The Adoration of Jenna Fox - Mary E. Pearson (contains spoilers)
This teenage book is soft sci-fi in that it's set in the future, but focuses almost entirely on the feeling and experiences of its 17 year old protagonist.
Jenna was in a terrible accident and has woken up from a year-long coma. She can't remember very much about who she was or what she was like. Why is she kept so isolated in the family's new home, and why does her own grandmother seem to hate her?
I felt like I knew what the big secret was from the outset, there were a lot of clues and foreshadowing in the text -though the cover kinda gave it away too. It wasn't actually cloning (my initial theory), but it was a similar sort of thing. A very advanced replica made from biotech, with the original mind (or part thereof) downloaded into it. Luckily, unlike other teenage books that have had a big but obvious secret (Fallen I'm looking at you), the big reveal comes halfway through, and there is plenty of subsequent exploration of what this means.
The author seemed to be exploring the ethical implications of advanced technology, especially in the arena of medicine and human biology. In some respects this book is about something that could become transhumanism, although the book didn't link to other SF ideas, and the epilogue suggests that things don't go that far. Though the wider concerns of such advances are mentioned, the focus is on what this miraculous process does to a family, and to the unwilling recipient of such a procedure.
Generally I found it to be an emotional and interesting book, which incorporated normal teenage themes and behaviours (rebellion against parents, not being a child anymore, becoming independent, identity issues) with a major crisis about how you define humanity.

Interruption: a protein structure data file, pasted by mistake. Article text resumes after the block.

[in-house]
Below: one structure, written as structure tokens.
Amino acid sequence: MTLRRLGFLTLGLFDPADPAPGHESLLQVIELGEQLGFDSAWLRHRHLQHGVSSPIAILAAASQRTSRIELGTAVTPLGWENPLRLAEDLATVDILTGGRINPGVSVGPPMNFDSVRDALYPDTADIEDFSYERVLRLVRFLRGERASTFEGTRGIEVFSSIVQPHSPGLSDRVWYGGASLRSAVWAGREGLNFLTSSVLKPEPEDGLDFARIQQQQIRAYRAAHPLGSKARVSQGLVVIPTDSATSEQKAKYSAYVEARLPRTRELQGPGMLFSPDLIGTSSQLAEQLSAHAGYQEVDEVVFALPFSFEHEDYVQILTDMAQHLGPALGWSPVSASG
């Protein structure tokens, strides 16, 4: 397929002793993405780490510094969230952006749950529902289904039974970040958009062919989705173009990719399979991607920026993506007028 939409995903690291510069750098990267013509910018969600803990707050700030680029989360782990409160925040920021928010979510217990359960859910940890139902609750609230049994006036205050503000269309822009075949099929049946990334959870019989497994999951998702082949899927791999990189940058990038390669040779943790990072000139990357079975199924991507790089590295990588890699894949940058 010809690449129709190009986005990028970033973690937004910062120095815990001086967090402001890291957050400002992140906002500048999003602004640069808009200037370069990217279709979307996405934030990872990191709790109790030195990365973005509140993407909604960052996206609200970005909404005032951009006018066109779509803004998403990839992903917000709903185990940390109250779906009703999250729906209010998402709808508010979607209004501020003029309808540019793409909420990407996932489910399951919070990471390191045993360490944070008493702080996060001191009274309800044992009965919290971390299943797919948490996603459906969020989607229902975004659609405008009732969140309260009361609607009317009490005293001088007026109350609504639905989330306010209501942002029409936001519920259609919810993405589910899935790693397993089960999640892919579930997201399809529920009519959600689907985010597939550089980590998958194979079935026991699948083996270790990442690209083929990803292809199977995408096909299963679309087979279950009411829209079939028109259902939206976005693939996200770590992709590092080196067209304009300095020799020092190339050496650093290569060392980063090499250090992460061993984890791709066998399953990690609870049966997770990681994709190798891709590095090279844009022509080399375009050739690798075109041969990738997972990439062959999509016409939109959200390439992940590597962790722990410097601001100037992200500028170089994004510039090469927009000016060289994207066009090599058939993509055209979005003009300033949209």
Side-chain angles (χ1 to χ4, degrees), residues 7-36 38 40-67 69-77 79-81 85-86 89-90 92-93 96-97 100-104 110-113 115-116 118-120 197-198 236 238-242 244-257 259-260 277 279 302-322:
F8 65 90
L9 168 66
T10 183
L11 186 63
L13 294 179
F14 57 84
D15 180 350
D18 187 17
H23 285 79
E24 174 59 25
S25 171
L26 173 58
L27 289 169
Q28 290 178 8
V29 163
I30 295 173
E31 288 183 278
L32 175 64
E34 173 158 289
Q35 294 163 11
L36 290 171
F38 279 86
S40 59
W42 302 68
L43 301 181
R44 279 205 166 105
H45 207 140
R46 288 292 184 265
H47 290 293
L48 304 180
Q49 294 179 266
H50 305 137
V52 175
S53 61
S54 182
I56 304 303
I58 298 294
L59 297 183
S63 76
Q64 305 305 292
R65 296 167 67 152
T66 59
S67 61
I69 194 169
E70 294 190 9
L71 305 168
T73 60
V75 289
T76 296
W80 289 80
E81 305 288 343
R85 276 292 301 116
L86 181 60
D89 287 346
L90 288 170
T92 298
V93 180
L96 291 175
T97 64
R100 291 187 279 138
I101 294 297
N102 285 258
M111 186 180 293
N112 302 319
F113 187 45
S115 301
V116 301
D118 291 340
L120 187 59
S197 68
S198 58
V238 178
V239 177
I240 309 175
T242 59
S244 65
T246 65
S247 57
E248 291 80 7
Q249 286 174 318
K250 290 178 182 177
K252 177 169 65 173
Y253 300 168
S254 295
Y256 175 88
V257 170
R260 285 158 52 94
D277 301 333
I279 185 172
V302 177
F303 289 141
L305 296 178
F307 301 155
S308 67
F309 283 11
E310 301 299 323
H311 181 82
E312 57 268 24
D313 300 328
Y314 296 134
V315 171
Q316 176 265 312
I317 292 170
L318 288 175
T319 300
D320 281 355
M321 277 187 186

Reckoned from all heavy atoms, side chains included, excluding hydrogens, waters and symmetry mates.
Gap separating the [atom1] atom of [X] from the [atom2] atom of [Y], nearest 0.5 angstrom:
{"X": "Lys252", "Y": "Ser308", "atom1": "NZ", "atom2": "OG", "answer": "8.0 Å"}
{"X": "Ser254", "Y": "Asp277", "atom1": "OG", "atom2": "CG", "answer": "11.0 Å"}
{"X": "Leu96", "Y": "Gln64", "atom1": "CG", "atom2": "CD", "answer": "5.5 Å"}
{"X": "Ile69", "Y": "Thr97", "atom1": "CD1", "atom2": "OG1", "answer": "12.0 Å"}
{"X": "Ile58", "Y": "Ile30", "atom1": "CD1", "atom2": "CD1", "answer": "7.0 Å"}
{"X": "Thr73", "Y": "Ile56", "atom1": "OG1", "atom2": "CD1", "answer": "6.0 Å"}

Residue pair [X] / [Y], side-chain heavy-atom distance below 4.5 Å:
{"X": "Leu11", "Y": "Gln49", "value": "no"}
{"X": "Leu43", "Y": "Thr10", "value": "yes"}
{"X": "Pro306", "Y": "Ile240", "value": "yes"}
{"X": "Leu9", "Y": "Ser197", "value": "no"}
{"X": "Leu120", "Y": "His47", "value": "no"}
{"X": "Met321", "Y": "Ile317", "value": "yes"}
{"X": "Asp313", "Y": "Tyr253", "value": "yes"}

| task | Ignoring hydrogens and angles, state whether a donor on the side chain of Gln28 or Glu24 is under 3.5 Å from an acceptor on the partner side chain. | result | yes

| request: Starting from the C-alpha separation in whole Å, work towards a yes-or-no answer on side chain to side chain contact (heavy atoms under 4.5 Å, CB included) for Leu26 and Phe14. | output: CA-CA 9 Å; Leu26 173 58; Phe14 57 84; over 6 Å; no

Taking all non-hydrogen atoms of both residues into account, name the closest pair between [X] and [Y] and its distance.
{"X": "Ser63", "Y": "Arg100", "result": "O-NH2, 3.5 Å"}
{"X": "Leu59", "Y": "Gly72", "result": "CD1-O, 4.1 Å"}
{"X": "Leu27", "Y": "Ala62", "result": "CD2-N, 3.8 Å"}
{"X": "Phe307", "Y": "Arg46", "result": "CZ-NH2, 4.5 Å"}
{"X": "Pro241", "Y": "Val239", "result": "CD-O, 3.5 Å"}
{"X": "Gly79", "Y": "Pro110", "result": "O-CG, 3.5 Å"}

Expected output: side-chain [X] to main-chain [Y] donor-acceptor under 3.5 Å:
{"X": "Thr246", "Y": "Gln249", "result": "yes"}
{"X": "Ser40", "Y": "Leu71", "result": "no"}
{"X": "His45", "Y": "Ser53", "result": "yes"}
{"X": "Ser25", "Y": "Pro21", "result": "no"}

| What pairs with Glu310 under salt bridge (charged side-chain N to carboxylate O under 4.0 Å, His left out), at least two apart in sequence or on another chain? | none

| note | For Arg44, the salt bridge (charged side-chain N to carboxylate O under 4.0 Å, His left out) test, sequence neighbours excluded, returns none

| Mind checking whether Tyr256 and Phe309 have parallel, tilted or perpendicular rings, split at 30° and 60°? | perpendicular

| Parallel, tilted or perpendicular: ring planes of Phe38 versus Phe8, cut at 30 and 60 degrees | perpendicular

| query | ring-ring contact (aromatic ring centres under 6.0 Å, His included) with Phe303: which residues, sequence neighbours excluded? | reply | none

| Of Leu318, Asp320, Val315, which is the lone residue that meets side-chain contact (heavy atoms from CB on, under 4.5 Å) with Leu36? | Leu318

One bit I liked is when Jenna's father explains that she's no less a human than a genetically modified tomato is a tomato. "But I'm not a tomato." I really hope that was intentional on the part of the author, cos it made me smile.
The Bride that Time Forgot - Paul Magrs (pronounced Mars)*
5th in excellent Brenda and Effie series.
If you haven't read this series you really should, it is weird and funny and very imaginative. The first in the series is Never the Bride.
Oddly enough it's kinda like Buffy the Vampire Slayer, if the hellmouth was in Whitby, Buffy was an old, not-quite-natural B&B owner, and the Scooby gang was made up of ladies of a certain age, a 30 year old gay man and a Goth receptionist. See how that sounds exactly the same?
The series works very well because it combines the wildly supernatural, spooky, and horrific with the practical and mundane. The whole series is based on horror and pulp themes, which come thick and fast in a delightful stew of the weird and wonderful. This is all confronted by our intrepid investigators, after a good cuppa, a natter and a hearty helping of fish and chips.
The characters really make these books. Brenda is the main character and the heart of the book. With her strange anatomy and centuries of bad memories, she really is a great invention. The kind of person you'd love to have as an aunt or next door neighbour. Effie is a less friendly but very familiar character, a slightly prickly and disapproving old woman. Like Granny Weatherwax, but with less obvious witchiness. There is a lot of warmth for and between the characters, and as we regularly see things from their point of view it is easy to understand them, even when they are at odds, as happens in this book.
This book riffs off pulp adventure stories, especially Rider Haggard's She books. It also takes an renewed look at human-vampire relationships (something which featured in earlier installments), but with none of your poncy angst-filled, pubescent vamps. In fact at one point a character bemoans the existence of scally vampires, proving that vampirism doesn't automatically equal a sense of style, or even an appreciation of the gothic. There's also a Dreadful Flap and some time-travel shenanigans. All in all it's good fun to read.
* I was told this by a friend, who has a friend who knows the author. Although I noticed that this advice was also included in the author's bio. I think he must be fed up of people mispronouncing his name.